Flies used by our anglers during April

Effective flies to use during April:-

A Fluorescent Green Buzzer Fly - an excellent  fly for April An example of a CDC emerger buzzer A Black Gnat A “Shipman’s” Buzzer Another Fritz pattern - The Orange Fritz.

Introduction

See here for details of our Trout Fishing

An example of a CDC emerger buzzer

CDC emerger.

The CDC (Cul De Canard) feather has wonderful floating capabilities, one of it’s best uses is in the CDC buzzer. A deadly pattern wherever buzzers are hatching. Used on a floating line, the fly is cast out and then either wait for the trout to take the fly, cover a rise with the fly or pull the CDC under the surface of the water and allow it to resurface with the buoyancy of the CDC feathers, the latter method can have dramatic catching effects.

A “Shipman’s” Buzzer

Shipman’s Buzzer.

Try it at about 4ft deep

A simple, scruffy looking, and scruffier the better Fly. Just perfect for tricky surface feeders locked onto hatching buzzers.

A good winter fly - the Haemoglobin Buzzer

The Haemoglobin Buzzer.

Generally fished deep and close to the bottom always useful to have a few in your box.
There are many variants of the so called “Buzzer”, fishing with one on a bright sunny day can be effective. The fly can be fished like many buzzers on either an intermediate or floating line using a very slow figure of eight retrieve. Takes can be about 2-4ft deep fished close to weed beds in shallow water. In winter this type of fly can be excellent when trout are still taking buzzers as part of their diet.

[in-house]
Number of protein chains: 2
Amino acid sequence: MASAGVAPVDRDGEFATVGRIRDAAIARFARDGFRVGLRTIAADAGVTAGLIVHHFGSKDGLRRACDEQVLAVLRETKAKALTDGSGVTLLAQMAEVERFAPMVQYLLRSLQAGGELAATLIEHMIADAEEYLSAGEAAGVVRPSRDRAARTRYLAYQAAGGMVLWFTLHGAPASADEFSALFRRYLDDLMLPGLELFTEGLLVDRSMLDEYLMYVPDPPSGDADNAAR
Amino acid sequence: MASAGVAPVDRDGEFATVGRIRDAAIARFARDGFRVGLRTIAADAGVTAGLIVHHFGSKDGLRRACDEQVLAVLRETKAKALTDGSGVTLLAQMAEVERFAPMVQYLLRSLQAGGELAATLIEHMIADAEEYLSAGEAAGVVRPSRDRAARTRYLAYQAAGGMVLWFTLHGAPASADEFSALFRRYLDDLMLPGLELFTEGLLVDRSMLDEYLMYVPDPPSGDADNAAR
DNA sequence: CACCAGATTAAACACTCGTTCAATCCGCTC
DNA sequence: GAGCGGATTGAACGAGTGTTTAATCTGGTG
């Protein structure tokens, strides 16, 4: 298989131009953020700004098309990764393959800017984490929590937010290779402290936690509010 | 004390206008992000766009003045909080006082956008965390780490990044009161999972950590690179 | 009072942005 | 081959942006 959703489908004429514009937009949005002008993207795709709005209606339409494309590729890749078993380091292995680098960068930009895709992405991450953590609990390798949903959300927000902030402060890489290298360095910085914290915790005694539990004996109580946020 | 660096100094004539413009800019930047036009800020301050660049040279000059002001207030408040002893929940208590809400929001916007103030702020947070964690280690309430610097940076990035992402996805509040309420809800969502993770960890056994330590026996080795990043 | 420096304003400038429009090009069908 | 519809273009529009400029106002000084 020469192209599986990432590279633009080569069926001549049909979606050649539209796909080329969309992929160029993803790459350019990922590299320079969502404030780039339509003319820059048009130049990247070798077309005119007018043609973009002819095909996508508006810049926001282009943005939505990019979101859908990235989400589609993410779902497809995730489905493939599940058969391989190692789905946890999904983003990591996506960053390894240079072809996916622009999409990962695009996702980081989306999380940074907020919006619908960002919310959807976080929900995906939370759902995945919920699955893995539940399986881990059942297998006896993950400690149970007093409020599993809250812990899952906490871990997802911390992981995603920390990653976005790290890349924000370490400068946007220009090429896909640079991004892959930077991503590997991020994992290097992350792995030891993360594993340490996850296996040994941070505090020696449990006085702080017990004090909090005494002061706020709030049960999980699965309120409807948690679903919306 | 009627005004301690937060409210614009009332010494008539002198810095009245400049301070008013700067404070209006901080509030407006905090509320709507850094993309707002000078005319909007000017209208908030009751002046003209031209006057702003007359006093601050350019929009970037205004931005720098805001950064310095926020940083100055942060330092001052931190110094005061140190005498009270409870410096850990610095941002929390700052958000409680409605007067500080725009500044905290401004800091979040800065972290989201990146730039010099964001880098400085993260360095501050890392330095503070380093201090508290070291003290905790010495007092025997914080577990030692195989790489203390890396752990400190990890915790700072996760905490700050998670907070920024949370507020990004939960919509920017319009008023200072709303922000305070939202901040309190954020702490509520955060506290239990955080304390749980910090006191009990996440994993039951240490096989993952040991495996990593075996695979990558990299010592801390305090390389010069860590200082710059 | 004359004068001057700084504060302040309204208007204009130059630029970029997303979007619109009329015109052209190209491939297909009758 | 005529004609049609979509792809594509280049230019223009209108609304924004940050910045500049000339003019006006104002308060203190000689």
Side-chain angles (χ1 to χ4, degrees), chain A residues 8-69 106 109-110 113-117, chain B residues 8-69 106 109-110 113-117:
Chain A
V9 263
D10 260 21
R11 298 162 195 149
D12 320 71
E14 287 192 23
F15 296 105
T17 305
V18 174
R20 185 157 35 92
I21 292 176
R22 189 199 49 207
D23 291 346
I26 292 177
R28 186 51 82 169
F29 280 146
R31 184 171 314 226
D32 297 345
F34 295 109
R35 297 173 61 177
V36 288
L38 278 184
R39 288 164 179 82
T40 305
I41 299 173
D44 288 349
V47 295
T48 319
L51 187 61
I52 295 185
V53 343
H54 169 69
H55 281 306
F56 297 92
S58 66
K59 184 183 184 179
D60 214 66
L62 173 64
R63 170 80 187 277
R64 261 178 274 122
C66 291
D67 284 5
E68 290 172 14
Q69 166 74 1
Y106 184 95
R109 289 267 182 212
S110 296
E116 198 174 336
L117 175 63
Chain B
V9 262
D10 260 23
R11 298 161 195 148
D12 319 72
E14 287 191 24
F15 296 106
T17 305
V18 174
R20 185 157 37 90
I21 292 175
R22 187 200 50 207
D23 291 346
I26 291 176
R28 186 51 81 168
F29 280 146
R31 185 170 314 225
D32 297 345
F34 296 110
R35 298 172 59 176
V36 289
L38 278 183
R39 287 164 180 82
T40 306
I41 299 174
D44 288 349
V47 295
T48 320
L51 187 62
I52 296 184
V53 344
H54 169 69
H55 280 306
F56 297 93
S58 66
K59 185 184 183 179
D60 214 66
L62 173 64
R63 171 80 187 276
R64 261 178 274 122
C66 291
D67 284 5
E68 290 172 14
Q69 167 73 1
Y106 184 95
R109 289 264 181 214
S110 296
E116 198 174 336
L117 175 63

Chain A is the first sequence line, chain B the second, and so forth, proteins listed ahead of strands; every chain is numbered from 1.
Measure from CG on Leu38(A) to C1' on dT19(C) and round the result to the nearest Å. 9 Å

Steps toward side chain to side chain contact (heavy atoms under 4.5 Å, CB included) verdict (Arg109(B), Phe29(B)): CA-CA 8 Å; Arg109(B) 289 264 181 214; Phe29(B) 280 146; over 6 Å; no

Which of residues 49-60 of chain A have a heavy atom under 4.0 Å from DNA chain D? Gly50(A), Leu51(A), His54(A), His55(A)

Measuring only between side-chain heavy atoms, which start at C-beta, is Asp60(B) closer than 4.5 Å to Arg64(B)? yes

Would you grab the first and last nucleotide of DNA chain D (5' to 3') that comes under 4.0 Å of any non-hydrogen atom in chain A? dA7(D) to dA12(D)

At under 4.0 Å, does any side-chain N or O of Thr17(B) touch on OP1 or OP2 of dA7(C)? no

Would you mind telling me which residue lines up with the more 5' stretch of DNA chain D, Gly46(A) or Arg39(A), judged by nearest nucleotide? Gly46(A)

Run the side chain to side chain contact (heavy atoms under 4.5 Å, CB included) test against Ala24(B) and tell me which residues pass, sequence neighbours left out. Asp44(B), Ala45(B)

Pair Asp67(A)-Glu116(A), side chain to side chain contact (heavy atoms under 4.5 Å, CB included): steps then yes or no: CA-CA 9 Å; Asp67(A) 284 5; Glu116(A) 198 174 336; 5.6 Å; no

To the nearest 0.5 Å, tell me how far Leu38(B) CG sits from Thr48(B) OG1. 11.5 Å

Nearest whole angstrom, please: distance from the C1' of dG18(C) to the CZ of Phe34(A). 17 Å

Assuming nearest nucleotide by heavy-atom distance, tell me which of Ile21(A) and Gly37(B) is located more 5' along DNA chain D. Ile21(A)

A good winter fly - the Ice Buzzer

Matchstick Buzzer

The matchstick buzzer is a simple, awesome fly for stillwaters. A very basic buzzer pattern that gets it’s name from looking like a match with a slim body and rounded head. There are many colour variations for this fly, but the most common are black or red body and heads in Fluorescent green, Fluorescent orange, red, pink or yellow.

Wide gape hooks patterns in larger sizes are usually favoured and believed to aid hookups. The rib can be wound in tight or wide turns and it is worthwhile to keep a few different rib variations in your box.

A Pheasant tailed nymph

Dawson’s Olive with fluro pink tail

A very popular stillwater and reservoir lure in the UK. The Dawson’s Olive is best used in warmer months when trout start feeding on Damselfly nymphs. Try close in to the banks where trout are picking up this food.

Use a floating line and long leader with a slow figure of eight retrieve. The rest of the year can produce using an intermediate or sinking line with a varied rate of retrieve.

The Dawson’s Olive can be tied with different coloured marabou for the tail. A slight difference like this in the design of the lure can prove very effective.

The Dawson’s Olive pictured is tied with Straggle Fritz rather than the traditional Chenille Body and a thorax of Olive Ostrich Herl to give a bit more pulsating movement at the head.

A Bibio - an excellent winter fly pattern but also good throughout the year

The Bibio

The Bibio also known as the Hawthorn or Heather fly. Fished with a twitching action or pulled just under the waters surface to imitate the fly. It's a good fly to pull through waves on a windy day. Fished on a floating line with a long leader.